are indeed applicable in the sense that big government is the only arbiter to direct economic market outcomes if, and when, markets deteriorate. March 10 2008 @ 11:00am Bear Stearns time was just such a moment in history when Keynesianism was bound to manifest after laying dormant for decades. Scientific revolutions and paradigm shifts require thinkers and theorists

to build the foundations that we happen to be talking about.

If one reverse engineers economics one is bound to find Keynes hard at work.

Mon, 06/16/2014 - 21:46 | 4863660 mcgoverntm
mcgoverntm's picture

Would " March 10 2008 @ 11:00am Bear Stearns time" have come without the US having a central bank that creates fiat currency and is managed by Keynesians?  I don't think so.

The beauty of Keynesianism, from the perspective of policy makers, is that it always advocates some kind of central bank and/or government intervention in the economy.  Every Keynesian screwup has another Keynesian policy idea as a fix.  If a trillion of new money doesn't do the job, it's because two trillion should have been used, blah, blah, blah.  But the rubes never catch on to the game so the Keynesians keep it going.

Mon, 06/16/2014 - 18:29 | 4863025 TVP
TVP's picture

Written like a true Keynsian troll.  

What was that saying Keynsians live by?

 

Oh yeah, that's right, the words of John Maynard Keynes himself, when asked about HOW this cycle of endless debt can possibly be perpetuated...

"We're all dead in the end, anyway".

Mon, 06/16/2014 - 15:25 | 4862317 dizzyfingers
dizzyfingers's picture

Bravo!

Mon, 06/16/2014 - 13:54 | 4861873 Alananda
Alananda's picture

Those smart people did not miss the boat.  To assume otherwise is asinine, in my opinion.  When the ship sails, you and all the rest of us "not in the club" will wave them goodbye from the shore of sore losers.  Good riddance, as history does best predict the future.  Picking up pieces, eating crumbs, however, is one hell of a way to celebrate such a victory.  Pyrrhicly yours, A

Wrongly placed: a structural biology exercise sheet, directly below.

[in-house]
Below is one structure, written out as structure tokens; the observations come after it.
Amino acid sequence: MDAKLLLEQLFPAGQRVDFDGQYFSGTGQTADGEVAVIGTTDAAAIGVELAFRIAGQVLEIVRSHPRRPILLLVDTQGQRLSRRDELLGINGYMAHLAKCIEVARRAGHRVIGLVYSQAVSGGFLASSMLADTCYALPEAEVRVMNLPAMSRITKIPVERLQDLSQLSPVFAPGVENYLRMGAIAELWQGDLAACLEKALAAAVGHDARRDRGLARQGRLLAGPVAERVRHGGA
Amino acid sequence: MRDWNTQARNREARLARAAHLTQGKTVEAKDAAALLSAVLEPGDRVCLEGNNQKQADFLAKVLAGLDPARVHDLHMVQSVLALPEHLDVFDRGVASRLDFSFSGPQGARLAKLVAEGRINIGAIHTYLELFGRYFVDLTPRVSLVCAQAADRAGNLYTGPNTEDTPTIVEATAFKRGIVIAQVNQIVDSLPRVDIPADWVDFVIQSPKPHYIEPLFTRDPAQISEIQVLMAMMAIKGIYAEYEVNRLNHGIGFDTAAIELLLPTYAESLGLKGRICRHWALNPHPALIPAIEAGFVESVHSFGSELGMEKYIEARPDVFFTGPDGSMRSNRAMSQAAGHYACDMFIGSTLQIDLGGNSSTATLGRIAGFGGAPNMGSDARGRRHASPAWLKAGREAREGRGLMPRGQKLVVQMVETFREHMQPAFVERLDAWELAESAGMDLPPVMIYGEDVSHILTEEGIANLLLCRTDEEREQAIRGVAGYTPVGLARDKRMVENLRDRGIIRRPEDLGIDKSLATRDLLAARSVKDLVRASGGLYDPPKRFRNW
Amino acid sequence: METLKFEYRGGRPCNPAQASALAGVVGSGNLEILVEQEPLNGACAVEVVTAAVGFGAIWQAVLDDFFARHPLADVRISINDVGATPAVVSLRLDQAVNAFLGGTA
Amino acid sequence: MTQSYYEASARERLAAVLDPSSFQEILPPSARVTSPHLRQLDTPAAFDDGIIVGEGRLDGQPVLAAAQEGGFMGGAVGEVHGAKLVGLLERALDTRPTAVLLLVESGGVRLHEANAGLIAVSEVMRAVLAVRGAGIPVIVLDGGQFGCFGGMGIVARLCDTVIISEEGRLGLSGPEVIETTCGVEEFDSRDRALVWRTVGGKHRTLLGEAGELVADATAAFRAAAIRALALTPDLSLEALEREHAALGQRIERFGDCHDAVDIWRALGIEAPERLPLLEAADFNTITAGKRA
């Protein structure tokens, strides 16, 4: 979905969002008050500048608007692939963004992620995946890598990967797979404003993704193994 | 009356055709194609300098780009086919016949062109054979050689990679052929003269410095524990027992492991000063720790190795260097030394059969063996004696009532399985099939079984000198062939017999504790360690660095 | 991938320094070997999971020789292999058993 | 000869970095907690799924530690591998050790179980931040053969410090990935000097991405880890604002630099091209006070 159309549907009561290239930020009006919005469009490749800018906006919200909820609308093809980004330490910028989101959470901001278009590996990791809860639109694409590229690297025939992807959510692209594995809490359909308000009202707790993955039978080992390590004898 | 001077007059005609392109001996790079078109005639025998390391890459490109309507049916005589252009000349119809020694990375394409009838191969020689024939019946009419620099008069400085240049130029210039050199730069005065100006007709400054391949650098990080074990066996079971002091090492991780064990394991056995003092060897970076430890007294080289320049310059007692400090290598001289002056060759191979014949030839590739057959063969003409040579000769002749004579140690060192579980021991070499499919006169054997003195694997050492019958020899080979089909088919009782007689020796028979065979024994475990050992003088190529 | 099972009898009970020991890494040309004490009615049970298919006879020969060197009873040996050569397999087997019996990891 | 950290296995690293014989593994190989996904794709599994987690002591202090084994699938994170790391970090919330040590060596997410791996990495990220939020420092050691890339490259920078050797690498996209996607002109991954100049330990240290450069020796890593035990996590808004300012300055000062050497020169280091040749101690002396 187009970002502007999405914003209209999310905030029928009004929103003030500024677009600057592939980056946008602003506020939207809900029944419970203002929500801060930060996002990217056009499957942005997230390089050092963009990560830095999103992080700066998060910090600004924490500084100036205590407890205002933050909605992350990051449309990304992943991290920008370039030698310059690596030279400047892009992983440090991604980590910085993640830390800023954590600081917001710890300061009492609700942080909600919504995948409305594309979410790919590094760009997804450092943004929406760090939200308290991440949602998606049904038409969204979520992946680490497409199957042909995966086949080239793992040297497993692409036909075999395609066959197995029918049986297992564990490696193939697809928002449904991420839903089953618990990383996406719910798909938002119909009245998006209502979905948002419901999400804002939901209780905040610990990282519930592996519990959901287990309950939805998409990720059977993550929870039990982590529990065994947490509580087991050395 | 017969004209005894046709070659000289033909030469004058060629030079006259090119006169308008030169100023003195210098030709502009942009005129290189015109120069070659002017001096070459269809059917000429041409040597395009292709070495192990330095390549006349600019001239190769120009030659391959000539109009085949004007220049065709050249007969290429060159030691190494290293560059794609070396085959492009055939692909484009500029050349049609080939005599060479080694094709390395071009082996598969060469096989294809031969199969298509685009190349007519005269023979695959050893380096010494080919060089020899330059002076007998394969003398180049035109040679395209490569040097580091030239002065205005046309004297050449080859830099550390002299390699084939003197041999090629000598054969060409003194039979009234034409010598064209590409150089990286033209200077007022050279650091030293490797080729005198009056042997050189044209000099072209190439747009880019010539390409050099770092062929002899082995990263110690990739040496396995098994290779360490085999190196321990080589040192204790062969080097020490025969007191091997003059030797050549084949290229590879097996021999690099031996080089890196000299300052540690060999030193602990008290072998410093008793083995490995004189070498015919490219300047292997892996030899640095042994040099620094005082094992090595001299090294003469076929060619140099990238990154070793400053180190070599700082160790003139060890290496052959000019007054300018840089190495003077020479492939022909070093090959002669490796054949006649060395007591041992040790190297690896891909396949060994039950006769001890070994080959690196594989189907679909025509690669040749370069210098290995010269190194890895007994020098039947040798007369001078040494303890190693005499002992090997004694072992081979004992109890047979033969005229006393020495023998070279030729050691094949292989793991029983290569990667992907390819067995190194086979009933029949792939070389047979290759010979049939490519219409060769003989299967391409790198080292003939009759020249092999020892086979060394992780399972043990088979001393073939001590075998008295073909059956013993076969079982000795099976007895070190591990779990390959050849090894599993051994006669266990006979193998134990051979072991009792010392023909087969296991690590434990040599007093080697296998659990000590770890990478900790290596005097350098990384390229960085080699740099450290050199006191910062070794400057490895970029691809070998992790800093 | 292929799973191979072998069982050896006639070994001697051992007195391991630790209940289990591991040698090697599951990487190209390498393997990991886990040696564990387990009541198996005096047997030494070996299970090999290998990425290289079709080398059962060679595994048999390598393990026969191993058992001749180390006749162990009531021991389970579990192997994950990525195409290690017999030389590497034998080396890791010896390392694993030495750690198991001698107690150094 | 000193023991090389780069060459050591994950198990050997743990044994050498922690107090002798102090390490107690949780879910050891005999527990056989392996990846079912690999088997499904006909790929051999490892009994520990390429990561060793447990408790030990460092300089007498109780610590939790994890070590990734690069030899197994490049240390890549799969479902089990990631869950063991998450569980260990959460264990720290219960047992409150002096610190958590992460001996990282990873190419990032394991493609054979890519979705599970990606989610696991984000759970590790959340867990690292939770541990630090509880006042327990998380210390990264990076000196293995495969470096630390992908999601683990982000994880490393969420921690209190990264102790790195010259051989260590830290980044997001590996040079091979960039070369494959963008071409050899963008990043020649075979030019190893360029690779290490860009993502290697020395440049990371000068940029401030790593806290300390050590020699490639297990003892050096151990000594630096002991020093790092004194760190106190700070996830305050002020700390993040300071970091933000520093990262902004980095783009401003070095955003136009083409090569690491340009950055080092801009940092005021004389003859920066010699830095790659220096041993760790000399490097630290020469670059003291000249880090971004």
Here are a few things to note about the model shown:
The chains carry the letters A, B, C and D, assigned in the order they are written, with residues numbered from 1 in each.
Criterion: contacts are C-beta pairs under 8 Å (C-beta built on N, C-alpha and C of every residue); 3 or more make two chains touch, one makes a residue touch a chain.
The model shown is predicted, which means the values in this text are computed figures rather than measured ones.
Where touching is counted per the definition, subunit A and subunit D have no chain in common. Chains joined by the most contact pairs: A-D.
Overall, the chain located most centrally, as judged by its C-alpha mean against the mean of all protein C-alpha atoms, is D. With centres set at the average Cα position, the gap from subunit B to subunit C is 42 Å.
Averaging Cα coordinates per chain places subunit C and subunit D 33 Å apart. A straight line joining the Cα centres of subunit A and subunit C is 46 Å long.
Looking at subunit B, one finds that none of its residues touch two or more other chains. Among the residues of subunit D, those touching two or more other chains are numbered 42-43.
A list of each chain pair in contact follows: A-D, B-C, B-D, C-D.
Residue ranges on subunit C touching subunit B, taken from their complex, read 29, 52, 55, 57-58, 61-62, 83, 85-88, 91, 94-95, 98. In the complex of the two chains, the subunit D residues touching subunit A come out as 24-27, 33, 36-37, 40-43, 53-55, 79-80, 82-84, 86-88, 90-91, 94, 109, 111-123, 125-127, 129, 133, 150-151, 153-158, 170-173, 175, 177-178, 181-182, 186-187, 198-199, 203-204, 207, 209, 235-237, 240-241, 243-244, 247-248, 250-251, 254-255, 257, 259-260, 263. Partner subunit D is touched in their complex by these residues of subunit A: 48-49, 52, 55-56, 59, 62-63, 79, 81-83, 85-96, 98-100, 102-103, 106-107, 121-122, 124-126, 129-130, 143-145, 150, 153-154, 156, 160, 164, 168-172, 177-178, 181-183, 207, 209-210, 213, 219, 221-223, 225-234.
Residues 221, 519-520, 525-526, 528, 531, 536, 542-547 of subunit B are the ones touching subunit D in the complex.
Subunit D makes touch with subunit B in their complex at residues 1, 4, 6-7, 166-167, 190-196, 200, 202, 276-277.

Mon, 06/16/2014 - 16:55 | 4862690 Herodotus
Herodotus's picture

I thought that most of them would be leaving on a train like they did the last time.

Mon, 06/16/2014 - 13:52 | 4861860 carbonmutant
carbonmutant's picture

What if the FED knew this was going to happen but this was its best option given the current condions? In order to pull it off all they needed was a bit of media driven misdirection to justify printing $Billions to keep the Markets from falling.

Mon, 06/16/2014 - 13:47 | 4861845 JRobby
JRobby's picture

"Let’s be blunt here. The Fed has engaged in the single largest monetary experiment in history, betting the US economy and banking system on misguided theories that have little to no evidence of success."

 

Desparate people trying to do the impossible when the only course of action is to admit the game is over.

Mon, 06/16/2014 - 13:34 | 4861781 spinone
spinone's picture

The fed has 2 tools:  print money and buy assets, and regulate the banking industry.  That the tools they used.

 

Mon, 06/16/2014 - 13:32 | 4861768 kchrisc
kchrisc's picture

It is not an "experiment," it is theft.

And they know what is going to happen. They only care that they will have a seat at the table when the music stops.